Anim'est fest draws biz pros, cartoon lovers

BUCHAREST — Romania’s Anim’est film festival drew 150 film professionals from around the world and 22,000 ticket buyers, but the biggest winner of the event may be the Eastern European animation business.

While films from Estonia, Germany and Russia took the top prizes, the growing competitiveness and quality of Eastern European animation was underscored by the increased number of Western toon reps who made the trek to the fest, according to fest organizer and spokesman Toma Peiu.

“The notable thing about this year’s fest was that we had more industry guests than ever before,” says Peiu, citing a visitor’s list that included the U.K.-based Framestore, Denmark’s the Animation Workshop and Shane Acker, creator of the visual effects for “Lord of the Rings: Return of the King” (2003) and director of animated feature “9.”

Peiu says the fest’s selection of 436 films for screening underscored the growing diversity of the animation market, which at Anim’est included genres ranging from puppets to hand drawing to full-computer animation. Conspicuously absent was traditional child-oriented cartoon animation.

“Animation is now a language,” says Romanian filmmaker Anca Damian, whose full-length feature “Crulic: The Path to Beyond” opened the festival. “It’s for young people, but not only for children.”

Distributors agree, citing a growing market for cartoons for grown-ups. “Animation for adults is on the rise,” says distributor Jan Naszewski, head of Warsaw-based New Europe Film Sales. “The message the market is telling us is that (this kind of film) is needed.”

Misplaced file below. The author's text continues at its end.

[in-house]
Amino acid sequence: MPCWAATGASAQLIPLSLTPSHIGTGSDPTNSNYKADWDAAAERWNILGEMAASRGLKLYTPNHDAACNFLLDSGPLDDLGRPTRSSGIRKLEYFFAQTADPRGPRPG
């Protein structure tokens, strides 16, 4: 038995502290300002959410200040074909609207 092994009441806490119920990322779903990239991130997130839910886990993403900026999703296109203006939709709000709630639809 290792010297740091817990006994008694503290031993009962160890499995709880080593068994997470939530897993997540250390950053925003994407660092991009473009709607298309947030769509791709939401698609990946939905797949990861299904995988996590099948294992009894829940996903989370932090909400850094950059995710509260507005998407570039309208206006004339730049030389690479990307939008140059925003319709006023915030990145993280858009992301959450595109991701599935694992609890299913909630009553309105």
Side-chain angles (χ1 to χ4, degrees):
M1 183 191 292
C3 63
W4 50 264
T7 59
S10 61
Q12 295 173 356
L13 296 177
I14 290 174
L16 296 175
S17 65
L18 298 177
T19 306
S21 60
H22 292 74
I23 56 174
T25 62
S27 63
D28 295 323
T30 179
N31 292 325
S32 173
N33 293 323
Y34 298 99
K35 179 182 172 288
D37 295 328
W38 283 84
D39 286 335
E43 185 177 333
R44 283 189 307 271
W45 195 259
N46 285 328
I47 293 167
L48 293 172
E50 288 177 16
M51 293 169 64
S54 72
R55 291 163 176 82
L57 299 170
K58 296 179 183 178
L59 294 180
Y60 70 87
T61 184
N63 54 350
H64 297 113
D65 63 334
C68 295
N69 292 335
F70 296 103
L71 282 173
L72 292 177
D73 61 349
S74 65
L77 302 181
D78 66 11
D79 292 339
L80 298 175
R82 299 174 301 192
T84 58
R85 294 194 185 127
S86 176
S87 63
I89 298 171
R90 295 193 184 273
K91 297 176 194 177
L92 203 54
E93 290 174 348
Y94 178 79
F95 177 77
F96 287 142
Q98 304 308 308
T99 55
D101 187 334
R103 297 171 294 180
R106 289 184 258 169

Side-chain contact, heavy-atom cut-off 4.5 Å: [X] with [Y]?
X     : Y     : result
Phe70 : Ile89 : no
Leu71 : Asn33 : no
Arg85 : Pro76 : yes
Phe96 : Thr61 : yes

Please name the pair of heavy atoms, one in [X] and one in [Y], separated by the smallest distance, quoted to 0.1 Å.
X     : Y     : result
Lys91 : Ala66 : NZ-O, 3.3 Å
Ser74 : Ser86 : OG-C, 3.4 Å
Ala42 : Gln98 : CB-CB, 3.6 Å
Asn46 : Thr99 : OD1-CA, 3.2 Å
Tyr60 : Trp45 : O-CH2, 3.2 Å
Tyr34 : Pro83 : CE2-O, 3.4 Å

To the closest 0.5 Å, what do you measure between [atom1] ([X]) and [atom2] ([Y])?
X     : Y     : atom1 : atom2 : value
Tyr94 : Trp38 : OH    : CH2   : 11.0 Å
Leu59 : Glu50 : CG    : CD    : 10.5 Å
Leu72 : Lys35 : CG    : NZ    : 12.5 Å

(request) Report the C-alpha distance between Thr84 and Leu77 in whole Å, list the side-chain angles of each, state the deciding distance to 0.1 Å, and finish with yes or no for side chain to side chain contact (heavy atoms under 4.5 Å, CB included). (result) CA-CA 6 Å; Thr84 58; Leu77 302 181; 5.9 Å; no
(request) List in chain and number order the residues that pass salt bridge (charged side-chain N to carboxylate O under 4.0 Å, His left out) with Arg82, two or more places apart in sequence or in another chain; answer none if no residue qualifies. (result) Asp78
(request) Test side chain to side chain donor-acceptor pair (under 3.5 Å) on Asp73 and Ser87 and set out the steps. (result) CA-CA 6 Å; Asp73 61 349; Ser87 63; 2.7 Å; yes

Animation’s expanding appeal is partly due to its growing sophistication, and the role it is playing in live action films.

“The genre is covering a much broader range than ever before,” says Peiu, noting that such blockbusters as “Avatar” and the Harry Potter and Lord of the Rings films use almost as much CGI as a traditional animated feature.

Peiu says that increased demand for animation in everything from feature films to TV commercials is a boon for Eastern European animators, who are picking up work from Western animation houses.

Filmmakers are crediting the fest for building local appreciation for animation, particularly through crowd-pleasing fare like Creepy Animation Night, which featured horror toons from around the world.

“One thing that Anim’est has succeeded in doing is gathering together a young and enthusiastic audience,” says Damian. “The cinemas (during the fest) were full of people. My film was premiered in the biggest hall in Romania. … We like to complain that viewers don’t come to the cinemas anymore, but (Anim’est) brought people in.”

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